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Would you be interested in higher-rate torsion bars?

14869 Views 149 Replies 28 Participants Last post by  LumaWJ
Edit: Thanks to the efforts here we now have an option from Sway-A-Way for our AWD vans: Would you be interested in higher-rate torsion bars? --AstroWill

Hello all, I'm in the midst of some upgrades on my lifted van and I wanted to get a sense of how many other people might also be interested in some upgrade parts.

For most of us with lifted AWD vans, the only real front suspension adjustment we've been able to make thus far is to the pre-load on the torsion bars; either via the stock adjusters, or with re-indexed keys that add additional preload. I would like to have the option to also use a higher spring rate on the torsion bars. With my pop-top conversion and camper additions, my van is already heavier than many folks. In particular, I have been hesitant to add an aftermarket bumper and winch to my van because of the additional weight that would still be borne on the OEM bars.

I am working with a company that manufactures aftermarket torsion bars for offroad and race use. They already produce a line of upgraded torsion bars for other GM trucks, Hummers, Suburbans, etc. These bars range from 15% up to 30% stiffer than stock. I am early in the process with them, but it sounds like they may be able to produce similarly uprated bars for the Astro/Safari platform.

I know that demand will depend greatly on price (which I do not yet have), but it may help things along to know if anyone here would be interested in a pair of these?

There are a lot of things to work out, but I believe such bars should provide a mild torsion bar lift over stock while using the OEM keys, in addition to being a better option for those of us running with greater weight over the front axle.

What say you?
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Wow, they came out with the exact fit parts a week after I tried to follow LumaWJ down the custom adapter path, just my luck 🤦‍♂️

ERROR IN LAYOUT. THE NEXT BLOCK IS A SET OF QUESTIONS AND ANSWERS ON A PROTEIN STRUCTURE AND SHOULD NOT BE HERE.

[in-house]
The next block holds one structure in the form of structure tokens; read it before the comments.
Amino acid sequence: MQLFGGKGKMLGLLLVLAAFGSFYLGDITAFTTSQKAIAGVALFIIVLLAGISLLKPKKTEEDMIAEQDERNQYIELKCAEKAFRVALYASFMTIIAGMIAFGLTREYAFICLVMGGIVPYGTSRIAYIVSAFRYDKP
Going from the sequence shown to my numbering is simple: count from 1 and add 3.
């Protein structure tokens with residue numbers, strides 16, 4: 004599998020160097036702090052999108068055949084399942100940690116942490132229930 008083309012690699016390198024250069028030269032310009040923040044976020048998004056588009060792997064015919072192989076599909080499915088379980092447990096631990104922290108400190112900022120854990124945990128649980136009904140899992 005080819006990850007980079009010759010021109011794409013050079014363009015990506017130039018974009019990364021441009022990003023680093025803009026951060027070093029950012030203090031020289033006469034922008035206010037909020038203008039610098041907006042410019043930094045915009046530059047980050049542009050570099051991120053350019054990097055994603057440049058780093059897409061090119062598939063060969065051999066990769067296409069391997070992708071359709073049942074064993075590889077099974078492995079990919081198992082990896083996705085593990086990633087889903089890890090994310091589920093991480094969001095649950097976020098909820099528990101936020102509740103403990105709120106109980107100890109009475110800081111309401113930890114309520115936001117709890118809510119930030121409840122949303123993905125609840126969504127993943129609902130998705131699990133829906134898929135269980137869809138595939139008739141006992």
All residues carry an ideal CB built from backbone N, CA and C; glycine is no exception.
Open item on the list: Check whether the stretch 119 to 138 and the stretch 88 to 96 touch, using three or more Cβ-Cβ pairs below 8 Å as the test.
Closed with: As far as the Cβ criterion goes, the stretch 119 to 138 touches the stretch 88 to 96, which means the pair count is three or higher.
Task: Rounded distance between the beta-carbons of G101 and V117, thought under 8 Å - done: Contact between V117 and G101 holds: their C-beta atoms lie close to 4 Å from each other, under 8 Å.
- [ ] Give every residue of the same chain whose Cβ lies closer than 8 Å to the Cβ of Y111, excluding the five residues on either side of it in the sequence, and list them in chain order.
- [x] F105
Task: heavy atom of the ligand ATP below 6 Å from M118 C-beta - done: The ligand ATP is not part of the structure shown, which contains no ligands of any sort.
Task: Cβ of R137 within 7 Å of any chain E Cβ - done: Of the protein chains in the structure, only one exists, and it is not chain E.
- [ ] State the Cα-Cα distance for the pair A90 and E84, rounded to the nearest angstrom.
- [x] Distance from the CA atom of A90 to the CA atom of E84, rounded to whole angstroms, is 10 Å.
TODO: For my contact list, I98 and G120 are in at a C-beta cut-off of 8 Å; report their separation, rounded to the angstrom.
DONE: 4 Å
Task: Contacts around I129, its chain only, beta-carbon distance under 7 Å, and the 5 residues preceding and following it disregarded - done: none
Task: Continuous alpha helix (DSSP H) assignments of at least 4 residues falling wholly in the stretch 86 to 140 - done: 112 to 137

I came here to share my story of trying to get the 1970's bars to fit. I was lurking on this thread for a while thinking it would be a good upgrade someday, until mid-august when I ended up in urgent need of replacement torsion bars. I was doing a full front suspension+steering replacement and absolutely could not get the old torsion bars out.

Well heck, here's a story anyway if anyone needs some entertainment.

I couldn't get the old torsion bars out of either the key or the lower control arm, and found that one of my torsion adjusters was maxed out even though the van was around stock ride height, so I figured the torsion bars were pretty worn out and needed replacing. First bit of fun was getting the torsion bars out, seriously I tried all the hammering and heat in the world before going with the fallback plan - cutting the frame member and welding it back together 😬
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I wanted to come to this thread with my solution for making the adapters which actually worked pretty well - stacking laser cut steel plate and welding or bolting them together (only one side had enough space for bolts). But y'all probably don't need this info any more 😂
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I saw the same problem as LumaWJ's update, the 36" bars are a little too long. But I was able to split the difference between sticking out past both the keys and the control arm in a way that I was comfortable with.

But the bigger problem is I could not get the left-hand bar to install on the left-hand side, specifically using Journey Offroad's lift keys (since I couldn't get the original keys out and these are the only replacement I could find). The clocking was just wrong. I was able to get them installed if I put the left-bar on the right side of the van, but Sway-away's instructions specifically say not to do that as it will cause suspension sag. And they were definitely right about that, even with the lift keys and cranking the adjuster all the way up, I could not get the van to sit at a good ride height. It sat at about 29" from the ground to the fender, which I think is pretty low? I'm an idiot and didn't take that measurement before I started all this work so I'm not totally sure where I started.

If these exact replacement parts hadn't come out I would have gone down the path of adjusting the clocking with my adapters, but I'm just gonna go for the correct parts now that they exist. Thanks to everyone that worked towards getting those made!

If anyone still wants to go down the path of adapting the 1970s bars, like if you want even more stiffness than the exact-fit parts, I'm happy to send you my design files for the adapters and point you towards a laser cutting shop.

TL;DR: Making adapters for the 1970's bars was fairly easy by stacking laser cut steel, but the clocking was wrong when using lift torsion keys and I was unable to install the bars correctly with the left-hand bar on the left side of the van.

Edit to add vehicle details:
2003 GMC Safari AWD, so I had the ~36" torsion bars to begin with, not the 41" like LumaWJ had.
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